THE COMPLETE INTERACTIVE

GRENZ FAMILY TREE

History of The Ferdinand E. Grenz Farm
  Ferdinand Grenz


Grenz farm near Verdi earns Century Farm distinction

By Steven Swenson

Ralph and Uda Grenz still live on the family farm that was purchased in 1906 by Ralph's grandfather just northwest of Verdi in Verdi Township. This year the Grenzes are being recognized, along with others in Minnesota, by the Minnesota State Fair and the Minnesota Farm Bureau, for having a Century Farm. Qualifying farms have been in continuous family ownership for at least 100 years.

Ralph, in his early 80's, doesn't actively farm anymore but his son, William, has taken over operation of their 320-acre farm. He does however, still help out some watching over the stock cows and calves while William is at his full-time job in town. Both Ralph and Uda expressed hope that William will be able to take over the farm.

The Grenzes will be married 51 years next month. Uda was born and raised in Germany and moved to the United States with her family in 1948. Uda said she took her first off the farm job after 25 years of marriage and has continue since. Currently she works at Daktronics in Brookings starting her 13th year next month. When their three children were young she helped out on the farm with baling and some field cultivation. "It was cheaper to hire a babysitter than to hire someone to do the work," said Uda.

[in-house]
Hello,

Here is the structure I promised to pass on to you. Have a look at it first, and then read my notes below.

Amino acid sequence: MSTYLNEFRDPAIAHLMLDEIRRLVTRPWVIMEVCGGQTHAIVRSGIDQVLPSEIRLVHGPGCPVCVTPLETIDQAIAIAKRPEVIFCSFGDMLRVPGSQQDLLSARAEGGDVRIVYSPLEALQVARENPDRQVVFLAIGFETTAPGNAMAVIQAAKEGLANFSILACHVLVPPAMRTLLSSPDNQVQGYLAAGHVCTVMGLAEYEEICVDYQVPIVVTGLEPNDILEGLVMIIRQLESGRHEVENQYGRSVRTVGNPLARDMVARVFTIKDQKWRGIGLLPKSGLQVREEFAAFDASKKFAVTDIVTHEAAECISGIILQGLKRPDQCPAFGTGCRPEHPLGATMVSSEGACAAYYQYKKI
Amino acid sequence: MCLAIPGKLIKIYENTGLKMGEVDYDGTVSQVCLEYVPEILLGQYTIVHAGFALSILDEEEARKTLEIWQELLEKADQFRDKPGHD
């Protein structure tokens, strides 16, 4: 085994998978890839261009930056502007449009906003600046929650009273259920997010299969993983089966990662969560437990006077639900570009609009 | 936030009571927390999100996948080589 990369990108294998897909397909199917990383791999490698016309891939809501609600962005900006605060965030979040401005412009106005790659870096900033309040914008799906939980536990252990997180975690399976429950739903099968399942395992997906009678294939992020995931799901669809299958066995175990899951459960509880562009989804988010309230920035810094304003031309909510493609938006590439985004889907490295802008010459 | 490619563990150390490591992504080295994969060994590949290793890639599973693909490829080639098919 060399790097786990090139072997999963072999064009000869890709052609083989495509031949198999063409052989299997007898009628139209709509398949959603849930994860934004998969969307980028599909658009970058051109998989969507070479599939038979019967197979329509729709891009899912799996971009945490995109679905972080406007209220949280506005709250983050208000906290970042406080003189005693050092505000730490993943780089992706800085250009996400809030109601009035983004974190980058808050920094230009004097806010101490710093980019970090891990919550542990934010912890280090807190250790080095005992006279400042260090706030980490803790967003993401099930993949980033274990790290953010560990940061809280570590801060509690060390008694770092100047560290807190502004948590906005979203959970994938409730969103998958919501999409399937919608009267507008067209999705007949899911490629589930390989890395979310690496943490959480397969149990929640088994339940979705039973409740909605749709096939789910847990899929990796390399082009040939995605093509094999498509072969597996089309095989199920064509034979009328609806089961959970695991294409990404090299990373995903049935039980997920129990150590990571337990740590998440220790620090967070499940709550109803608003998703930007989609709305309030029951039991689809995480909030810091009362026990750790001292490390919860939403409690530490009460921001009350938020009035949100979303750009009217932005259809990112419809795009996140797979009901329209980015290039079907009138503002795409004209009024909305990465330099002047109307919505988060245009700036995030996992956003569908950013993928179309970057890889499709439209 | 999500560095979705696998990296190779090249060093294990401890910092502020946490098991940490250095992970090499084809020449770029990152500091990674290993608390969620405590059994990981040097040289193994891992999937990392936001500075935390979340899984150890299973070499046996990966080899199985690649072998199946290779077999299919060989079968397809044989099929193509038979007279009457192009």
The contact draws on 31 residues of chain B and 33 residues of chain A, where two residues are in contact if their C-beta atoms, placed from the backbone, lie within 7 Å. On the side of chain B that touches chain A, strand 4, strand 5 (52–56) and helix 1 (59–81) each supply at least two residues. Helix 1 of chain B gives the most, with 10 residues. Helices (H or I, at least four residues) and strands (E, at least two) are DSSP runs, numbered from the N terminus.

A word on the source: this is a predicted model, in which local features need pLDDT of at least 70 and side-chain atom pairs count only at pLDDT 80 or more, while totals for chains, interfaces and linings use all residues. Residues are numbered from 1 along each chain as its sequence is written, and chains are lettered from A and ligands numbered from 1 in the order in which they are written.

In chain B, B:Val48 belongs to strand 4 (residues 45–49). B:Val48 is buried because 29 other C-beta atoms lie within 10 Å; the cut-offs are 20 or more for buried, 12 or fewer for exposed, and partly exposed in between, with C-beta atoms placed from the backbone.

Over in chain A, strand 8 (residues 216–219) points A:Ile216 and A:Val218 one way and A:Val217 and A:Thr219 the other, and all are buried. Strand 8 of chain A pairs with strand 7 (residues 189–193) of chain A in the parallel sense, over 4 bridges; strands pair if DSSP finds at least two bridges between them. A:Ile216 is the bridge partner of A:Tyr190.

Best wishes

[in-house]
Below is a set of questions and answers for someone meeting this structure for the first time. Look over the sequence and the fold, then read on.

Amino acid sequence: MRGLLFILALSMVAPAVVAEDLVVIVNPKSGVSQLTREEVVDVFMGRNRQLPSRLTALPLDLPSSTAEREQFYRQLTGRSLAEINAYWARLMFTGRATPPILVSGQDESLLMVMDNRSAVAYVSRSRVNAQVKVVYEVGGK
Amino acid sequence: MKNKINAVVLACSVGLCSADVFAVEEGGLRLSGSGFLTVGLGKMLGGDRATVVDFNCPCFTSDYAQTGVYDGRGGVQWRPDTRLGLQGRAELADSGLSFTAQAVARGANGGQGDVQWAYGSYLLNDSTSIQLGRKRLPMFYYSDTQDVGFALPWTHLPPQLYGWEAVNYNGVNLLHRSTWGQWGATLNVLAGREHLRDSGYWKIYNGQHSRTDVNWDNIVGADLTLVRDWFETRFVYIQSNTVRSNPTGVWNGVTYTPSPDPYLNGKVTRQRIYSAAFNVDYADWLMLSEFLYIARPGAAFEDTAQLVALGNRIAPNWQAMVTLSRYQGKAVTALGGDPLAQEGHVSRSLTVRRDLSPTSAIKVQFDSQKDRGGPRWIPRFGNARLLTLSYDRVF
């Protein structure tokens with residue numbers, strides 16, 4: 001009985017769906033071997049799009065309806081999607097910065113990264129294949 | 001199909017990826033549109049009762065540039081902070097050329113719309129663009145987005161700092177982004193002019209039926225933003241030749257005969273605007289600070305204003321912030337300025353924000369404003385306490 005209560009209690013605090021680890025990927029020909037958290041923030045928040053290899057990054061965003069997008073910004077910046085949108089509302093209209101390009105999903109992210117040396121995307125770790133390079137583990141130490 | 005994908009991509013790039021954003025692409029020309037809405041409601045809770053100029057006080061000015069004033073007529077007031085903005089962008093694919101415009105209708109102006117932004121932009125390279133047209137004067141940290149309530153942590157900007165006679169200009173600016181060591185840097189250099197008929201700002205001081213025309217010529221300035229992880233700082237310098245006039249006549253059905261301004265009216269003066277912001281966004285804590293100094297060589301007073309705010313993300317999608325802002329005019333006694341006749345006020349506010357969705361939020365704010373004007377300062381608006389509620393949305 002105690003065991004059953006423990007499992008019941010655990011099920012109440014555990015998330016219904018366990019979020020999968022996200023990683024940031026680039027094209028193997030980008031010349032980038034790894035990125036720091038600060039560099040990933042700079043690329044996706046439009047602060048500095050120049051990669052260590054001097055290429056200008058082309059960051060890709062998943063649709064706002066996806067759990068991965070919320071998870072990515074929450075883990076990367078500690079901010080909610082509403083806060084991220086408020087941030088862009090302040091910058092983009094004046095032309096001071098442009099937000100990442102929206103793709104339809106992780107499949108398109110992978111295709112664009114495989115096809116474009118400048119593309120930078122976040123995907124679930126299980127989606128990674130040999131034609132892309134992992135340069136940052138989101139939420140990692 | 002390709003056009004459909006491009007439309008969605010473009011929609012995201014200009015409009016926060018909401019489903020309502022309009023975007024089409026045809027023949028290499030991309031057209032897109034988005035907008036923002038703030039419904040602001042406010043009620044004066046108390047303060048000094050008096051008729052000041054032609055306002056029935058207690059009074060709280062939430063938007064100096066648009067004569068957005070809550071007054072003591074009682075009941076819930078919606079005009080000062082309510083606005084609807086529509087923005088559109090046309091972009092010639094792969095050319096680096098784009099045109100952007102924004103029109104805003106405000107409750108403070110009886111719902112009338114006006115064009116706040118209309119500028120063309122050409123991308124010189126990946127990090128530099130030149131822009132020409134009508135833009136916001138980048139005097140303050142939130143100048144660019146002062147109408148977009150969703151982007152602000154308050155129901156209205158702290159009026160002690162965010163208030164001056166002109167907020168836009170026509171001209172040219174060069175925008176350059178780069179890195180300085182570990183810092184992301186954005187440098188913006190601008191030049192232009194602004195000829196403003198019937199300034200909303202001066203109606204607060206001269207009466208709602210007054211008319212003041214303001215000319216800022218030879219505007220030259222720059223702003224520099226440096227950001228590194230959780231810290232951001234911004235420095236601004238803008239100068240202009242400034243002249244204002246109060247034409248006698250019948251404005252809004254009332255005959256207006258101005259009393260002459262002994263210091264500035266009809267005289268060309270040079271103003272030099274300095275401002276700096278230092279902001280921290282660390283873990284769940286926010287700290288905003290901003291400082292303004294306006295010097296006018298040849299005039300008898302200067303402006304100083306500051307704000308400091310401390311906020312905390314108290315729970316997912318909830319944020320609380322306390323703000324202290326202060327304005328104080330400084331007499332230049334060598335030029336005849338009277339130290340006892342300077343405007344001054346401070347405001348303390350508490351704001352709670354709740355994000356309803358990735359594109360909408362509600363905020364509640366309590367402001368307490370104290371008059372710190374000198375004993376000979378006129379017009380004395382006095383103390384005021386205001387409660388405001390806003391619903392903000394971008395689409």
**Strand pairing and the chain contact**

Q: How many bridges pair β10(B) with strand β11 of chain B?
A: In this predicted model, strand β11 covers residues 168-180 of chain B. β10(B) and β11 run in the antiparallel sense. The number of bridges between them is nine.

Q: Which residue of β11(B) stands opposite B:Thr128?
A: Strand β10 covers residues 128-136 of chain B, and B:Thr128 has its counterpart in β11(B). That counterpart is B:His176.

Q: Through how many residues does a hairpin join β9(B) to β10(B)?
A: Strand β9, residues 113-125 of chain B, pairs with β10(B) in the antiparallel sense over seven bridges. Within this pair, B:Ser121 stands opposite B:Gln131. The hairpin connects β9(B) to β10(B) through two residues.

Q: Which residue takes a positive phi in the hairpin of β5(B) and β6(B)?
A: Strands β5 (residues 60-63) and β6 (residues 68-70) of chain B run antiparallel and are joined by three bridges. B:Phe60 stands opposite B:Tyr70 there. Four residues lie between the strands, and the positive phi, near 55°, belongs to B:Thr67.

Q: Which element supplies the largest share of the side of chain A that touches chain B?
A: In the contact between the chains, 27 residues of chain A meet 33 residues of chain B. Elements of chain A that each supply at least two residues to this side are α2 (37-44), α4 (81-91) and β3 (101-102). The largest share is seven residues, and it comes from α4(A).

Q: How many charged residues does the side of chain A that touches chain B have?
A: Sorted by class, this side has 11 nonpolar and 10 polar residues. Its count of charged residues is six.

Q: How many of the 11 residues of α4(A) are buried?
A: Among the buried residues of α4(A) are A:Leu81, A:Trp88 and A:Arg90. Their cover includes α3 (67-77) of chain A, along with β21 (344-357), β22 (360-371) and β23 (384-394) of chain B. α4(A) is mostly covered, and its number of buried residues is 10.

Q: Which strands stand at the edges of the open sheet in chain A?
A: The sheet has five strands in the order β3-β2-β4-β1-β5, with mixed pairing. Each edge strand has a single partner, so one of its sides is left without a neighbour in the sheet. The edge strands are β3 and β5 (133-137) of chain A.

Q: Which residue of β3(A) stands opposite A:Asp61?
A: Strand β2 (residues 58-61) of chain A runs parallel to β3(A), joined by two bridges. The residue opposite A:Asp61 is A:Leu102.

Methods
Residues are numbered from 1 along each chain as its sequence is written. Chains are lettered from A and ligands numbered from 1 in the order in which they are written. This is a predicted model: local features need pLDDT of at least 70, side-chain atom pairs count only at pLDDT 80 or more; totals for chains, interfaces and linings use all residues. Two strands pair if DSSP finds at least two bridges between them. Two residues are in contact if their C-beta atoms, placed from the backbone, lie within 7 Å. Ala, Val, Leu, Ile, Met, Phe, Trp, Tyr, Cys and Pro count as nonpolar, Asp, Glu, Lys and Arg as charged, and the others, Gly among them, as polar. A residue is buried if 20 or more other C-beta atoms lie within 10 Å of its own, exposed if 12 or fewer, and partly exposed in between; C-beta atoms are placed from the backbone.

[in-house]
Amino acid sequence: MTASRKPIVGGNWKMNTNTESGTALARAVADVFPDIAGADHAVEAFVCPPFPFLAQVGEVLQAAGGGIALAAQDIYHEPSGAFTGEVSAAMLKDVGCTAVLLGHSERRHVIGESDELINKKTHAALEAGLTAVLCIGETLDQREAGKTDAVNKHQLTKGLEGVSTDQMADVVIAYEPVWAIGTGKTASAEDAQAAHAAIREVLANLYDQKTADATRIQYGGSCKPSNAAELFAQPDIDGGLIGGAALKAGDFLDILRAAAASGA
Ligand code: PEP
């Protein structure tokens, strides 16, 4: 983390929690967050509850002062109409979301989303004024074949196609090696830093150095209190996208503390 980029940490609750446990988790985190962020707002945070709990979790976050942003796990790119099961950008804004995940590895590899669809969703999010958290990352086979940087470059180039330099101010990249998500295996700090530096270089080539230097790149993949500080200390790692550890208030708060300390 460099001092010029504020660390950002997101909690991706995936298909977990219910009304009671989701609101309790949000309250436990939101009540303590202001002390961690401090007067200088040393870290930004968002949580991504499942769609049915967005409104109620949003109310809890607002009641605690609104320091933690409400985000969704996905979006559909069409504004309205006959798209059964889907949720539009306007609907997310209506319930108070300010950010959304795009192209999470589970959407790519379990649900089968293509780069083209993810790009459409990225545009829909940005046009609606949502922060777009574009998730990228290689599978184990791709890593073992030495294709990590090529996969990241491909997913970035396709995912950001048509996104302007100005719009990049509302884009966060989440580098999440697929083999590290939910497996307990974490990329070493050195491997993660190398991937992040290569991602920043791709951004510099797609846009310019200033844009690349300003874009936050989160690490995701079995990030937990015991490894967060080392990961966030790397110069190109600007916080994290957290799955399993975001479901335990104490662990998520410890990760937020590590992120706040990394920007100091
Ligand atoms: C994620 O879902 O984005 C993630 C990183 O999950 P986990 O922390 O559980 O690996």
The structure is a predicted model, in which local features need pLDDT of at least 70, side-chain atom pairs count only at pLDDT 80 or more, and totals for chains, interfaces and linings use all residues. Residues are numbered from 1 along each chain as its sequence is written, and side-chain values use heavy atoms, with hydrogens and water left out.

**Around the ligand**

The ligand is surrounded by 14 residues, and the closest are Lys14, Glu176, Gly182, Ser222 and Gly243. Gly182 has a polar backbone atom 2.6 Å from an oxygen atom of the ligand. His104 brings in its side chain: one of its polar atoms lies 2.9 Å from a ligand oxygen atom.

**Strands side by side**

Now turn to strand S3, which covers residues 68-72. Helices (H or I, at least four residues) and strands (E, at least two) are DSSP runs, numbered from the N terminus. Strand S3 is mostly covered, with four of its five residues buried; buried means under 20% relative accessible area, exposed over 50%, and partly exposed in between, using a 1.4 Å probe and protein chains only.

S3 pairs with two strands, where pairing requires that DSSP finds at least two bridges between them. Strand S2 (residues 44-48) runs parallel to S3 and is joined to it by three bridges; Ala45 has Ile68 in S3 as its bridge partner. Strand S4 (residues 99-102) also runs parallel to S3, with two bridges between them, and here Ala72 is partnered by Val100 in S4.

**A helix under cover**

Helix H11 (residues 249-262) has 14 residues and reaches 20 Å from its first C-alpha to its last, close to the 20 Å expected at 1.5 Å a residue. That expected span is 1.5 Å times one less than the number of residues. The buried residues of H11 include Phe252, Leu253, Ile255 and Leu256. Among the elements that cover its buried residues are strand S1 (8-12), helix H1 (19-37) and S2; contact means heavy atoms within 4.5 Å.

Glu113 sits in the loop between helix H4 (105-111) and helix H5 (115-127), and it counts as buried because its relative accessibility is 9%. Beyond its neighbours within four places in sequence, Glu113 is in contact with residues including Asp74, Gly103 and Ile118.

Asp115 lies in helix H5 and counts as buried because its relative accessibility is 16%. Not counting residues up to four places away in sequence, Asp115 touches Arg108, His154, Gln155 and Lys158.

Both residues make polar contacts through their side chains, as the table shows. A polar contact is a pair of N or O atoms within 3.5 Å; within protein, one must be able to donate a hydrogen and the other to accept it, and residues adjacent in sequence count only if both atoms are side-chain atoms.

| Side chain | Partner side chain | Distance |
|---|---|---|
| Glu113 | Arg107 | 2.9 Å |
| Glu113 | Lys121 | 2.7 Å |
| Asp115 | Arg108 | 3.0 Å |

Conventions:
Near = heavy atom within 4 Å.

Ralph has lived on the farmstead all his life; in fact he was born in the farmhouse. He grew up helping on the farm along with his two brothers and three sisters. "My main job when I was growing up was to operate the cream separator. At the time they milked 33 cows," said Ralph.

The Grenzes raise corn, oats, beans and hay. The oats are used for the cattle.

The farm was originally purchased by Ralph's grandfather F.E. Grenz in July 1906 and then purchased by Edward J. Grenz, Ralph's father. Ralph then bought it from his father.

When F.E. Grenz first bought the farm, all the buildings were down in the pasture, and moved about 1/8 mile to a more level area.

In 1918 a tornado went through the farm taking everything but the house. The buildings were rebuilt but then in June 2001 another tornado struck the farm. This time the tornado took the cattle shed, granary that had two machine sheds attached and half of the hog barn was left standing. Uda commented that the next day about 60 people came out to help clean up the debris. She added that they are still finding stuff.

Following this tornado they rebuilt the tin cattle shed and built a steel bin for grain.
Over the years there have been some hard times but this hasn't stopped the Grenzes from continuing farming as a way of life.

 

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